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The best art is borne out of honesty. Whether that honesty manifests itself in an abstract expression or a concrete but indirect performance, art that is true to who the artist is is the more pure manifestation. It’s what drove me to become a writer: an aching need from a young age to find the best way to get out the naked vulnerabilities and anxieties that consume me in a healthy manner.

Reflections In Real Time is as straightforward a title as you can get with regard to the subject matter on the latest record by the 25 year old singer-songwriter Kilo Kish. The album is a direct, brutal, hilarious and existential self-examination of a life lived so far. From a dazzling, musical theatre-style opening about growing up with the name Lakisha and the associations it carried in both school and work to a delicate culminating number that sees her making peace with the life she’s lived and feeling comfortable in her current existence while remembering all those emotions and fears she spent the album pouring out.

Reflections In Real Time is a concept record about coming of age. The awkwardness, self-consciousness and fretting over the big things like finding meaning and the small things like being cool. The album is littered with an anxiousness about “getting things right” and being “okay” and Kish spends a good deal of the record trying to convince herself of her worth. On “Fears Of A Dilettante”: in the midst of feelings of imposter’s syndrome and wavering self-esteem, she sings the refrain “I’m blowing a good life” in an exasperated panic; “I don’t know where to go/ That’s life I suppose” she resignedly sings at the end. She wants to believe in herself but the voices that counter any confidence or good measure feel louder. It’s a constant battle: one that she’s also aware of as being a part of living; a series of emotions conflicting, merging and fighting within us, daring to swallow you whole.

Reflections In Real Time is almost embarrassingly personal and honest about its subject. The type of brutal openness that can make someone feel naked in front of a large audience. It is the album as personal essay; a fitting product at a time when the personal essay market is oversaturated. The desire to tell ”your story” is both tempting and horrific: putting yourself out there to be judged by strangers is never comfortable but the release of that story and the feeling that you’ve said something new and worthwhile is an incredibly freeing act.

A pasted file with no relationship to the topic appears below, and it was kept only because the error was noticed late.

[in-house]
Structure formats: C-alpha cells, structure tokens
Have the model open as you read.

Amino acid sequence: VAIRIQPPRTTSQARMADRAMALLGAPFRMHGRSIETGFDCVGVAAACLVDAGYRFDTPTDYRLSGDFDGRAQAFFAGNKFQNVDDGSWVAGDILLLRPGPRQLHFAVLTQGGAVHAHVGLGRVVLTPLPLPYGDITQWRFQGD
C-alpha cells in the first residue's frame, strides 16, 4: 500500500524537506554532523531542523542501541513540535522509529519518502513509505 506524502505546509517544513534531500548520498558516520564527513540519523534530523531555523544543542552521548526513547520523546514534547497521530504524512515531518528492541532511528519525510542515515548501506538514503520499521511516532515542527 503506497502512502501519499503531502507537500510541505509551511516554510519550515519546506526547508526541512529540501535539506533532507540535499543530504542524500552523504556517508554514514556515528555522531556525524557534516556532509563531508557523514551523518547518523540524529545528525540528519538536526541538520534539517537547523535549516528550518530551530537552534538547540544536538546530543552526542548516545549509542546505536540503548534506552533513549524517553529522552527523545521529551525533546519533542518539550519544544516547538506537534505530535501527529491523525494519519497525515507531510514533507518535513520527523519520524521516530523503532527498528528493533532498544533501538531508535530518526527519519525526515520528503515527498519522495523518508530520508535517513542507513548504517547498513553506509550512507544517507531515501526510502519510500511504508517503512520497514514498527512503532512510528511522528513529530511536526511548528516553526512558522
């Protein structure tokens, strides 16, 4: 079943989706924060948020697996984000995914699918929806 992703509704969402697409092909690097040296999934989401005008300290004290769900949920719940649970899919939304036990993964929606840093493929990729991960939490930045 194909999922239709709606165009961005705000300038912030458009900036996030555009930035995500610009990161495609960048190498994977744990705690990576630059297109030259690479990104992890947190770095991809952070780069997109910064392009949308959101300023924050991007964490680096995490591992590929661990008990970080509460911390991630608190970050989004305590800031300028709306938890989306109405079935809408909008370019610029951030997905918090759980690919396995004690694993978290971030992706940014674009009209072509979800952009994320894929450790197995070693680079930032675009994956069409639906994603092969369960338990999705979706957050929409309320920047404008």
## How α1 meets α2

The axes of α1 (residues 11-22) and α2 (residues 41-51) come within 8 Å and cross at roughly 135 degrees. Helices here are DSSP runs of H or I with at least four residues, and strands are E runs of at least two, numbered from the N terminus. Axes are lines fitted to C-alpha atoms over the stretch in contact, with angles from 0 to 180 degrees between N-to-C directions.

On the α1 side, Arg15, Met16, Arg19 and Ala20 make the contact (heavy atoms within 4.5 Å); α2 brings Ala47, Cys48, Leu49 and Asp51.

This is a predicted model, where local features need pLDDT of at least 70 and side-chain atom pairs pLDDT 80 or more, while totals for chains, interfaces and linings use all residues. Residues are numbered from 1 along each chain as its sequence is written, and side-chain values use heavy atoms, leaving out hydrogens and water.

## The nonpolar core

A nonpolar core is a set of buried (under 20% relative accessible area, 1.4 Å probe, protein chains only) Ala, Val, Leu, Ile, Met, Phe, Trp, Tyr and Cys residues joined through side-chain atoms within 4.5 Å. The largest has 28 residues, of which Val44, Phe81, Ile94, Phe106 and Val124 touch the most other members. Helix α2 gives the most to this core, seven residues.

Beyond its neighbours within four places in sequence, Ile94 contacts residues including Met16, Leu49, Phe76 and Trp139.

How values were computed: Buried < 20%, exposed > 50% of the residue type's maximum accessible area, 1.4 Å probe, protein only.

A byproduct of this and social media is that discussion of anxiety and depression are more open than they’ve ever been. The expression of mental health issues on the internet feels prevalent at a higher volume than anyone who grew up without social media or in an environment that stifled such talk could ever imagine.  Reflections dabbles in depression in its constant quarreling over societal and existential anxieties. The fluttery “Existential Crisis Hour!” interlude features a series of questions like “If I can’t choose to be born and I’m meant to make my own rules but I must die, Is there a point?” addressed to her own subconscious. The worrying over whether or not anything in this life is actually worth doing is a legitimate fear for a lot of people. A constant thought that can consume a person especially as the negatives of life overpowers or just overshadows any positives.

Kilo Kish doesn’t explicitly address depression on the album but there’s plenty of fragmented confessionals found to connect with those subsumed by it. The beauty of the record’s frankness is that it feels like a conversation. Listening to the album can be like seeing a therapist just as much as getting therapy; more importantly, it feels safe. Even with a more open environment for vocalizing depression, there hasn’t been much done to feel safer about it. What was once simply dismissed, ignored or “prayed away” is now moving into a new arena of concern trolling and diagnosing. No matter the intention: there’s a know-it-all, armchair psychologist attitude taken by people who feel fit to decide that there’s something wrong with you and that “someone” should get you help that’s less sincerity and more “bless their heart”. I found more peace listening to this record and having my fears and concerns identified and made to feel valid than I ever could have by anyone else looking down on me like a sick puppy. Depression comes in many packages and manifests in different ways, but a record like Reflections In Real Time feels like a powerful tool of self-care and relief simply by saying: I see you.

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